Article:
Chinese state-run news agency Xinhua has registered as a foreign agent under U.S. law, more than two years after the Justice Department (DOJ) reportedly ordered it to do so.
Xinhua’s U.S. division was registered under the Foreign Agents Registration Act (FARA) on May 5, according (pdf) to the department’s online FARA database. This makes Xinhua the third Chinese state-run media organization to register as a foreign agent, after CGTN, the international arm of the Chinese state broadcaster China Central Television, and China Daily, an English-language newspaper overseen by the regime’s propaganda department.
In September 2018, The Wall Street Journal reported that the DOJ had ordered Xinhua and CGTN to register under FARA. CTGN did so in February 2019.
FARA was passed in 1938 to combat Nazi propaganda efforts and influence campaigns in the United States. It requires foreign governments, political parties, and lobbyists they hire in the United States to register with the Department of Justice. While registration does not affect a media outlet’s editorial content, it does require the organization to disclose its annual budget and expenditures.
The FARA filing shows that Xinhua’s Beijing headquarters paid its North America bureau more than $8.6 million in operation expenses from March 2020 to April 2021. Xinhua’s North America bureau has eight offices in New York, Washington, Chicago, Los Angeles, Houston, and San Francisco.
Xinhua has leased a giant screen in Times Square since 2011, dubbed the “China screen.” In February, the electronic billboard played ads urging unity in the fight against the pandemic, while promoting Beijing’s efforts to combat the CCP (Chinese Communist Party) virus worldwide. This was around the same time that the regime was drawing criticism over its lack of transparency as WHO investigators were probing the origins of the virus.
Expenses associated with the billboard’s hire were not included in the FARA filings. The documents, however, show that Xinhua paid more than $130,000 in unspecified “communication fees” between March 2020 to May 2021. It doesn’t indicate who the fees were paid to.
Xinhua’s filing comes after several lawmakers asked the DOJ to probe the issue of Xinhua’s registration under FARA in recent years. Rep. Jim Banks (R-Ind.) in a January 2020 letter to then-Attorney General William Barr, said it was “extremely troubling” that the outlet had not yet registered, adding that “Xinhua and the Chinese Communist Party have deep, longstanding ties.”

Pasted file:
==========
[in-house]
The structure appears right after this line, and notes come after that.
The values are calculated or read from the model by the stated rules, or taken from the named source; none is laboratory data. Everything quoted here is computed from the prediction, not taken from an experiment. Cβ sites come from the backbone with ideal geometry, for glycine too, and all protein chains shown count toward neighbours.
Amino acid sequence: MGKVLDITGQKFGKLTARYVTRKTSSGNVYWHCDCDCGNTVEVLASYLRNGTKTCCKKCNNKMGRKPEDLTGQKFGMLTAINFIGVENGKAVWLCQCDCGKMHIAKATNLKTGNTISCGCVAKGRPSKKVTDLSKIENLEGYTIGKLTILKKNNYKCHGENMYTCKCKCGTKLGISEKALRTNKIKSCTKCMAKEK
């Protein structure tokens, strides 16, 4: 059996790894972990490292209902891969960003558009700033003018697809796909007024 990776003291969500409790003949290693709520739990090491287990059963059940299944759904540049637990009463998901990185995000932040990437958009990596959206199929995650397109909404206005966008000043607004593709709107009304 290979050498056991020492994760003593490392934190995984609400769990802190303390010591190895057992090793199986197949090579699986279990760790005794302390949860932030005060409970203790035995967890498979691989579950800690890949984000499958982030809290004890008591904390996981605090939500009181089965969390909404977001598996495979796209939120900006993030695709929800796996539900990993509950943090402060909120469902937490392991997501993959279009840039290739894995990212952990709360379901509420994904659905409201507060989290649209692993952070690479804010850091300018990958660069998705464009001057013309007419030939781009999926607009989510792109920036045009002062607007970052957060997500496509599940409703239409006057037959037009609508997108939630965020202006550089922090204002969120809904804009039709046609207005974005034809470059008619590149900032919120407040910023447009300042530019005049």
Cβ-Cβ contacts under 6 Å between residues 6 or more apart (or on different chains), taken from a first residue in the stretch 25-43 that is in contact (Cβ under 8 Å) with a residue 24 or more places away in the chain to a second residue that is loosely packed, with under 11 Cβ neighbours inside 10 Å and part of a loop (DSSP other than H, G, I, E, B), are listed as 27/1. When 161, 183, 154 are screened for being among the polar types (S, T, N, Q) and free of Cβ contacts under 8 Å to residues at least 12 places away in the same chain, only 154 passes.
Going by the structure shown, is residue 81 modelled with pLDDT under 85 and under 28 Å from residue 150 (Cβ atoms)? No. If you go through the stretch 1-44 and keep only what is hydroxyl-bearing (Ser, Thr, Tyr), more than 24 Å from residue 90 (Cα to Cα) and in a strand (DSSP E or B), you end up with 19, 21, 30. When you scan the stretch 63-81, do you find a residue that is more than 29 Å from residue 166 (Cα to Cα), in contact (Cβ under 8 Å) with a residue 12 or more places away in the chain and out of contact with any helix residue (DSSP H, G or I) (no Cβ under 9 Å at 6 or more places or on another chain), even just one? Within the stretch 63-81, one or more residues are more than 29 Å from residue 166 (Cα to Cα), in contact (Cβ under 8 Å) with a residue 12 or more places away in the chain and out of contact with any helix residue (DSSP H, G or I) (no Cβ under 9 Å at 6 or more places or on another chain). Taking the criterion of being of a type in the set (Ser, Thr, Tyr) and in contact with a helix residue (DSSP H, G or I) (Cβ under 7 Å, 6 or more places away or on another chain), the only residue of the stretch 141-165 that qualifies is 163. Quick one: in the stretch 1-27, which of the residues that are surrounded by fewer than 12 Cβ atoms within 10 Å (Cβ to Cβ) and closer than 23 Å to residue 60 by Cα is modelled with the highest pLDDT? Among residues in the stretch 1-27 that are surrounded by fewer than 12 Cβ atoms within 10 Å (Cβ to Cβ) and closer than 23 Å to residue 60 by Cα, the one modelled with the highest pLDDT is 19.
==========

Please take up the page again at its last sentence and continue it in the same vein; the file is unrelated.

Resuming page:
Last year, Xinhua was among 15 Chinese state-controlled media designated as foreign missions by the Trump administration. The move, which restricted their operations in the United States but didn’t impact what they could publish, was made in recognition of their roles as propaganda organs of the Chinese Communist Party.
A 2017 U.S. congressional commission report warned that Xinhua was not only involved in propaganda work.
“Xinhua serves some of the functions of an intelligence agency by gathering information and producing classified reports for the Chinese leadership on both domestic and international events,” the report by the U.S. China Economic and Security Review Commission said.
Former Xinhua reporter, Canadian Mark Bourrie, said he had been used by the outlet to collect intelligence on overseas critics of the regime while working as a press gallery reporter from 2010 to 2012. In one instance, he was asked to prepare a transcript of a press conference the Dalai Lama held with reporters in Ottawa, and also asked to find out what the spiritual leader discussed in a private meeting with Canada’s then-Prime Minister Stephen Harper. When Bourrie asked his bureau chief if the material was to be used for a news story, the chief replied no.
“When they go to something like a two-day conference on Tibet and film everything and transcribe everything, that is not going to a special publication—that is going to Chinese intelligence,” Bourrie told The Epoch Times at the time.
The Epoch Times has reached out to Xinhua North America and the DOJ for comment.
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